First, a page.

Chapter

“The Rebel Spirit in Kentuck”: The Politics of Readjustment in a Border State, 1865–1868

Anne E. Marshall

in The Great Task Remaining Before Us

Published by Fordham University Press

Published in print July 2010 | ISBN: 9780823232024
Published online March 2011 | e-ISBN: 9780823240494 | DOI: http://dx.doi.org/10.5422/fso/9780823232024.003.0004

Series: Reconstructing America

“The Rebel Spirit in             Kentuck”: The Politics of Readjustment in a Border State,             1865–1868

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This chapter on Kentucky underscores how postwar violence extended to politics. Former antagonists on the battlefield would come together at the polls, making the politics of race common ground. This is referred to as Kentucky's second civil war, with “all of the vitriolic rhetoric and violent imagery of bloody Civil War engagements.” This time, however, the pro-Confederate forces won. Kentucky may not have been typical of former enemies in battle making comrades in peace, but it was typical of one result of the war: a Solid South. That judgment is open to many qualifications; nonetheless, surely most historians would agree that with each passing year Southern politics became more polarized. Dissent was a wedge that Democrats in particular could never tolerate.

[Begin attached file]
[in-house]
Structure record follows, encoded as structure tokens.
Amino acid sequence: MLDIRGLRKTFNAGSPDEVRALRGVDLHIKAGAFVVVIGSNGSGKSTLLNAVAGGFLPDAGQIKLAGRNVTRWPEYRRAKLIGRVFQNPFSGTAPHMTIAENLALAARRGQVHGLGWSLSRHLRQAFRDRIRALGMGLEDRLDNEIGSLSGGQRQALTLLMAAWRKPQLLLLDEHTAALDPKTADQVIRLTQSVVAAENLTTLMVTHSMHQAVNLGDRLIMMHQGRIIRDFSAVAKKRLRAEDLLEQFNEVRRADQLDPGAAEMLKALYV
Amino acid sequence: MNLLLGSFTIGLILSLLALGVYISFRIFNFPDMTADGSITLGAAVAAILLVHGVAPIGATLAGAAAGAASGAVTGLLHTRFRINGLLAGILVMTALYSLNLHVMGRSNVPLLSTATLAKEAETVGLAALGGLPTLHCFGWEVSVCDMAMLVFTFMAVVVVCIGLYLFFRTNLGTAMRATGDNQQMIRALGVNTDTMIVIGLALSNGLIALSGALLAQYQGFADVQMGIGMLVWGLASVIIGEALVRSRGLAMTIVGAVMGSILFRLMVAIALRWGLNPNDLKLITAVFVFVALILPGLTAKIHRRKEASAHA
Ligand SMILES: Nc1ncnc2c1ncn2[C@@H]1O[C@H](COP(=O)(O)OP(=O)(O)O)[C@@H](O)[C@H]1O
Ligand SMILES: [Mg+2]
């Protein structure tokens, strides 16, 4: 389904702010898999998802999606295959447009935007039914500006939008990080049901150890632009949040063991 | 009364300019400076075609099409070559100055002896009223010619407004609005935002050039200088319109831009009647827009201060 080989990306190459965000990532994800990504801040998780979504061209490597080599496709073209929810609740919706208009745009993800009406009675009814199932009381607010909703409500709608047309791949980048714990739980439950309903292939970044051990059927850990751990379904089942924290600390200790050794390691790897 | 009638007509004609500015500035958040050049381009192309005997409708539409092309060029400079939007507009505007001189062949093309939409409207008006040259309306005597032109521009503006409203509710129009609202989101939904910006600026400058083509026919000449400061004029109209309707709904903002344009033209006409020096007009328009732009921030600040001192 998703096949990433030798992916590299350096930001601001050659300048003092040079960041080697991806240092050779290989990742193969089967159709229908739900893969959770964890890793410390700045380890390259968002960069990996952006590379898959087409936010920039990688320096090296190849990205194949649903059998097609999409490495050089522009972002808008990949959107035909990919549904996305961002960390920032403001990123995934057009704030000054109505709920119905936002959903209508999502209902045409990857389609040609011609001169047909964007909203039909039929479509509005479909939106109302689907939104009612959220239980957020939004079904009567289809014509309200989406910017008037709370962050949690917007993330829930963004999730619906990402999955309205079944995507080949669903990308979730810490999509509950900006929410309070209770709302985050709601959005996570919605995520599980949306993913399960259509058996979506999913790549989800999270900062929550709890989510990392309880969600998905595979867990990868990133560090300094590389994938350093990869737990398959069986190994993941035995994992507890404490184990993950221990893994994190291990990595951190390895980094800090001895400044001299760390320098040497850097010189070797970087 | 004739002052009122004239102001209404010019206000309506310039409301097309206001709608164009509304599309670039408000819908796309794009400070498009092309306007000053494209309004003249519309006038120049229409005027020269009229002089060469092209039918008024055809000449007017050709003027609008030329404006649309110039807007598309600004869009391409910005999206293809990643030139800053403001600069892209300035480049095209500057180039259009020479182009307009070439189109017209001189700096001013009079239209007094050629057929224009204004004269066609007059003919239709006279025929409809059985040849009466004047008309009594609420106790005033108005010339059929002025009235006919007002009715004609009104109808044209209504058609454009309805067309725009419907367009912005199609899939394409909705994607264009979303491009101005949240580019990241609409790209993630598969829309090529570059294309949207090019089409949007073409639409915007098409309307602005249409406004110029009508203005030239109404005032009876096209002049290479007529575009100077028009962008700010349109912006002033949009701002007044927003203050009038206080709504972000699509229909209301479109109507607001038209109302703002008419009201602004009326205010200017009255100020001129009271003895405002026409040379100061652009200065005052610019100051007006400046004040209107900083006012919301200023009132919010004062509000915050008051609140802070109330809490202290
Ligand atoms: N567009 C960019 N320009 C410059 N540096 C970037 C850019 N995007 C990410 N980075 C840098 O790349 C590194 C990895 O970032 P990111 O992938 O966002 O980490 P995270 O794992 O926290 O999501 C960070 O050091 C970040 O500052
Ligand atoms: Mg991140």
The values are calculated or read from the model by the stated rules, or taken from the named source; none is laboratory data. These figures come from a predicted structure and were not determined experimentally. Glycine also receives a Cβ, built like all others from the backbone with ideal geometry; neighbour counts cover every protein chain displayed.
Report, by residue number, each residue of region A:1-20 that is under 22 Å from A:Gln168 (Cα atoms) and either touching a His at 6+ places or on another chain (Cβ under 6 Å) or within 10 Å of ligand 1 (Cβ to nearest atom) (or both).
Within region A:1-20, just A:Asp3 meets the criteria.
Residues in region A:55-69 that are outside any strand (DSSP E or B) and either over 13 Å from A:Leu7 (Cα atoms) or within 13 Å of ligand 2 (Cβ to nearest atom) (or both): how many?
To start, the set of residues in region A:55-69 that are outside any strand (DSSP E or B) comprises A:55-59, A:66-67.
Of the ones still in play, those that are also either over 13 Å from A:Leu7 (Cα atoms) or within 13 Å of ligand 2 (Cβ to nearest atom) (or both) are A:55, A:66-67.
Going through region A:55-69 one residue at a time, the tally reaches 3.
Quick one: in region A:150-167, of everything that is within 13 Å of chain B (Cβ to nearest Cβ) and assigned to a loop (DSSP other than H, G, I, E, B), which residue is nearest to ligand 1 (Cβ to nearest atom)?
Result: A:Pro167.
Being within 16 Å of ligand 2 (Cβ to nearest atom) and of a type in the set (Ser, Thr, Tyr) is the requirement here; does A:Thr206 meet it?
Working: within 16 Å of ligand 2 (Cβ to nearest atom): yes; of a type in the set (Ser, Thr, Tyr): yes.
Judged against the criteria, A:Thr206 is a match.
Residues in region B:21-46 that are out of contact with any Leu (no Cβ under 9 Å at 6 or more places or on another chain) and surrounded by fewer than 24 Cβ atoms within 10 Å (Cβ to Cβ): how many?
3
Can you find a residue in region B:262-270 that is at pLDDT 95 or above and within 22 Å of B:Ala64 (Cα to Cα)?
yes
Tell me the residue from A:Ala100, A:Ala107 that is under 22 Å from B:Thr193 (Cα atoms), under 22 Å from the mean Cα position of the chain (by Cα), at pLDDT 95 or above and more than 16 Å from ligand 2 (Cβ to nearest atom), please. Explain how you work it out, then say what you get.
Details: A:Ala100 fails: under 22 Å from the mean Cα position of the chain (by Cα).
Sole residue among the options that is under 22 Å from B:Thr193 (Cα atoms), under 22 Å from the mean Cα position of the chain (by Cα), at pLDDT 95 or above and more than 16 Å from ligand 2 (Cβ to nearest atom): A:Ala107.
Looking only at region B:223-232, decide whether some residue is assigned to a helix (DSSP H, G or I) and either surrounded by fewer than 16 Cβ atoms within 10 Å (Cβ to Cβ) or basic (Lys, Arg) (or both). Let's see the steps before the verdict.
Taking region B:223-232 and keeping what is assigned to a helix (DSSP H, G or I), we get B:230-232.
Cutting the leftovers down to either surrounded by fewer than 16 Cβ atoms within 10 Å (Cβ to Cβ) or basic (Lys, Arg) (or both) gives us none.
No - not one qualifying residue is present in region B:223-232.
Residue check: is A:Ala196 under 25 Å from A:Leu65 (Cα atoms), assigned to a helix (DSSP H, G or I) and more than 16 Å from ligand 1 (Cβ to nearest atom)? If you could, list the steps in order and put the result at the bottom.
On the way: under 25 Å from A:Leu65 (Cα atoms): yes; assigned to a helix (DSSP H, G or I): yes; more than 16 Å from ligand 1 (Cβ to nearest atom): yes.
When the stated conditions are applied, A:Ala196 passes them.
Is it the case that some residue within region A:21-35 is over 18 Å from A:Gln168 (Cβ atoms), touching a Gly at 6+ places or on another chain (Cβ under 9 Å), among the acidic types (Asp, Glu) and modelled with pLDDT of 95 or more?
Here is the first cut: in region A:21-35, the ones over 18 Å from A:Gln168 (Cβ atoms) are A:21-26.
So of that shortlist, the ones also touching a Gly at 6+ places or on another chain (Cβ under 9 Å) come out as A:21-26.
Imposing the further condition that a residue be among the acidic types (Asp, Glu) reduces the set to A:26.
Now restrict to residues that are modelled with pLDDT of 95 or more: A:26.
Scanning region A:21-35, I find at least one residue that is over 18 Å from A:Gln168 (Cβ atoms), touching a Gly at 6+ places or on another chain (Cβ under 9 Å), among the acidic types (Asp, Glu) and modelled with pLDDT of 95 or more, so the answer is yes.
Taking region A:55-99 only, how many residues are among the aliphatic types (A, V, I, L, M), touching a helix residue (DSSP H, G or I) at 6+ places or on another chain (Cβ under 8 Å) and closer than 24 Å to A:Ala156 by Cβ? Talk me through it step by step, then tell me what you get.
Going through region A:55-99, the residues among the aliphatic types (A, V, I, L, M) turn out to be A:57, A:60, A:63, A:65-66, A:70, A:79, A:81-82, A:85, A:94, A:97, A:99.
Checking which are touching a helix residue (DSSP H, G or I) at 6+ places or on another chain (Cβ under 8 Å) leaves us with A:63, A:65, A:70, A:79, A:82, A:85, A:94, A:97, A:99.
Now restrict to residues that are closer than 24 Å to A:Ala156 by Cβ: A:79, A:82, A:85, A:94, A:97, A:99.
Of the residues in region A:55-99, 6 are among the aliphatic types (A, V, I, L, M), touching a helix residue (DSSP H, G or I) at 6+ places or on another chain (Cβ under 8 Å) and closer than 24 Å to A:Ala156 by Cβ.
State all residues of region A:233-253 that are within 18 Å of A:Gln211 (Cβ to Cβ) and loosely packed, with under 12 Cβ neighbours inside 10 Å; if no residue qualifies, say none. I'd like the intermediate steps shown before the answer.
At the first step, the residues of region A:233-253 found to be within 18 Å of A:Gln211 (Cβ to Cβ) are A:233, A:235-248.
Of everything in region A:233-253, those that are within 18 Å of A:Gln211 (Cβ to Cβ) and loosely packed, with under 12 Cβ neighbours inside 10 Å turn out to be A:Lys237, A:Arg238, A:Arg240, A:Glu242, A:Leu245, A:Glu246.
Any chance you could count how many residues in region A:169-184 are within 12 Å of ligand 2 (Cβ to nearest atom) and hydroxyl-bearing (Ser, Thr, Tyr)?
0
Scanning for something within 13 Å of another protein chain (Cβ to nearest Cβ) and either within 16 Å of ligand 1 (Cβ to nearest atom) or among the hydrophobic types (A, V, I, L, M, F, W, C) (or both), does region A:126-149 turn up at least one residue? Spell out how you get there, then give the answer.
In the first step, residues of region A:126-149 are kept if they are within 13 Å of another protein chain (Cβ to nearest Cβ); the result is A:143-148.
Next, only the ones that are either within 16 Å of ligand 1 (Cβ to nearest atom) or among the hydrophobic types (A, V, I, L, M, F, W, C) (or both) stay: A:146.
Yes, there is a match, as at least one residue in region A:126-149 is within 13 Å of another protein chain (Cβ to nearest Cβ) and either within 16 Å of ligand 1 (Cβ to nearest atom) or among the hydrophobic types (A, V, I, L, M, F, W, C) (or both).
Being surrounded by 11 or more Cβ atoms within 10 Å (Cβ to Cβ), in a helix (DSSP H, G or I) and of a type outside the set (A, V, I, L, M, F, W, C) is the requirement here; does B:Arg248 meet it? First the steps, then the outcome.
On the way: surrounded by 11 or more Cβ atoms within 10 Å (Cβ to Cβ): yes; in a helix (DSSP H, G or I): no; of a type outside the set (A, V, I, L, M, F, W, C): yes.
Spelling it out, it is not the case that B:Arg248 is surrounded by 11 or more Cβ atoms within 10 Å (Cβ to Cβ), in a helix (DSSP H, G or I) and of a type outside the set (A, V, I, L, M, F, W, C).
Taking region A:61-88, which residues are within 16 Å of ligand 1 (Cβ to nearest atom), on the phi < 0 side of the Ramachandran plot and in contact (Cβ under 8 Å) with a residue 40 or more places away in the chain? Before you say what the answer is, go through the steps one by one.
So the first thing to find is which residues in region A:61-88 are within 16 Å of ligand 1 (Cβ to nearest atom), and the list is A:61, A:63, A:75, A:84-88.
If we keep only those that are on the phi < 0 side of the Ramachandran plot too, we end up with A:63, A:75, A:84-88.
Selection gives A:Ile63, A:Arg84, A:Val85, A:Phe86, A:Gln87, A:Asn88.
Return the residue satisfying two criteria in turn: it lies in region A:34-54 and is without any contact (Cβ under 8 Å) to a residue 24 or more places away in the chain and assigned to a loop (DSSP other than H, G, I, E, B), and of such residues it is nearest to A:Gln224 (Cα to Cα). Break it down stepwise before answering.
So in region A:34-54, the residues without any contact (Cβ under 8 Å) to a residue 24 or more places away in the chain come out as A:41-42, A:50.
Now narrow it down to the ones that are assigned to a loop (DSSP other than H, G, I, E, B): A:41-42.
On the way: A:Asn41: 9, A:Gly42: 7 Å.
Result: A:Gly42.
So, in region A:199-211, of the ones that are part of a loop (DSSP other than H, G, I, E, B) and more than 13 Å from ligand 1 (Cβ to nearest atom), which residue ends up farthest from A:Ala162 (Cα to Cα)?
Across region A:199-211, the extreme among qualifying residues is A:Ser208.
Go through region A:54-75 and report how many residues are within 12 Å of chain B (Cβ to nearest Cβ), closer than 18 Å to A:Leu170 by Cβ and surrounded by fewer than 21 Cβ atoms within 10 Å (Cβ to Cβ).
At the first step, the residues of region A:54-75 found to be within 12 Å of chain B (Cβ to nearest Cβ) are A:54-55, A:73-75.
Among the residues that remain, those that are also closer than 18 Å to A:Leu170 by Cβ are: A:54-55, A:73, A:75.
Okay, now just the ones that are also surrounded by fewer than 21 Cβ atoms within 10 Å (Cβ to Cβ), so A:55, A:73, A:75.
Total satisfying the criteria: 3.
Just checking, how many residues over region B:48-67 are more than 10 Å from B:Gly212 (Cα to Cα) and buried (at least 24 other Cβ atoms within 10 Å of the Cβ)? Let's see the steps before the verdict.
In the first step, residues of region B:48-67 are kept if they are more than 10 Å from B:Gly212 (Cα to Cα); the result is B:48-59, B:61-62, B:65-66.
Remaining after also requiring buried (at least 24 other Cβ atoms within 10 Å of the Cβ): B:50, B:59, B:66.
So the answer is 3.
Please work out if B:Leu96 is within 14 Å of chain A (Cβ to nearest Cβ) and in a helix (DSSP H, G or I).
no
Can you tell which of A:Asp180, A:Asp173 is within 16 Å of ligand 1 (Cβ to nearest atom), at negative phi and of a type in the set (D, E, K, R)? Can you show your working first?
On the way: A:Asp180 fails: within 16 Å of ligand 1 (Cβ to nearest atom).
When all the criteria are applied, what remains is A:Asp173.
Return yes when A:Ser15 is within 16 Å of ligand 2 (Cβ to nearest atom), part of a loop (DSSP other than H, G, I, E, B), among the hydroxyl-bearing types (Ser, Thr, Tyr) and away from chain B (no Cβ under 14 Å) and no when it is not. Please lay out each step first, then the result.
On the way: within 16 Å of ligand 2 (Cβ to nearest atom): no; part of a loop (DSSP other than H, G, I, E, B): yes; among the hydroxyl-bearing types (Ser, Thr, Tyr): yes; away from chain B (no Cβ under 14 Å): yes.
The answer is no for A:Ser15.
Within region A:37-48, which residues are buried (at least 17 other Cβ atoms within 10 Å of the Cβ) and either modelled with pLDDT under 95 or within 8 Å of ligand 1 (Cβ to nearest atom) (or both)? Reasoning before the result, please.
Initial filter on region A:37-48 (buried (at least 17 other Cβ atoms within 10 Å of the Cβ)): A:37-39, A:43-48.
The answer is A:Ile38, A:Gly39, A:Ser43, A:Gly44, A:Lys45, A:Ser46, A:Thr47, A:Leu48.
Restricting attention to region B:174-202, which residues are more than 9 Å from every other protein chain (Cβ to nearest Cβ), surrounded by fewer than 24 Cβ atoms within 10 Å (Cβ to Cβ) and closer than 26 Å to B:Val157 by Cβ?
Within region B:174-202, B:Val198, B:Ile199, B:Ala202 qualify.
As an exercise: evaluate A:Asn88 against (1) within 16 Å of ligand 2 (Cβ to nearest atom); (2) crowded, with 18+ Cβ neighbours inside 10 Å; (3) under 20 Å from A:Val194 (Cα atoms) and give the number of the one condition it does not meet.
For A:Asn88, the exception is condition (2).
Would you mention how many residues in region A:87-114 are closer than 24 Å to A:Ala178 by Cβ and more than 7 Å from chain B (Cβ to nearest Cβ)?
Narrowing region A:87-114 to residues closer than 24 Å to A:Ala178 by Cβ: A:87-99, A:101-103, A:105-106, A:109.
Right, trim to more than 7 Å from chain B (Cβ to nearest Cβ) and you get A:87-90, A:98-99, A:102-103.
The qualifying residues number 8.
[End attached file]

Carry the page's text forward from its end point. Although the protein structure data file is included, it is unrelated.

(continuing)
Keywords: Civil War; postwar violence; politics; Confederates; Kentucky

Chapter.  6711 words. 

Subjects: History of the Americas

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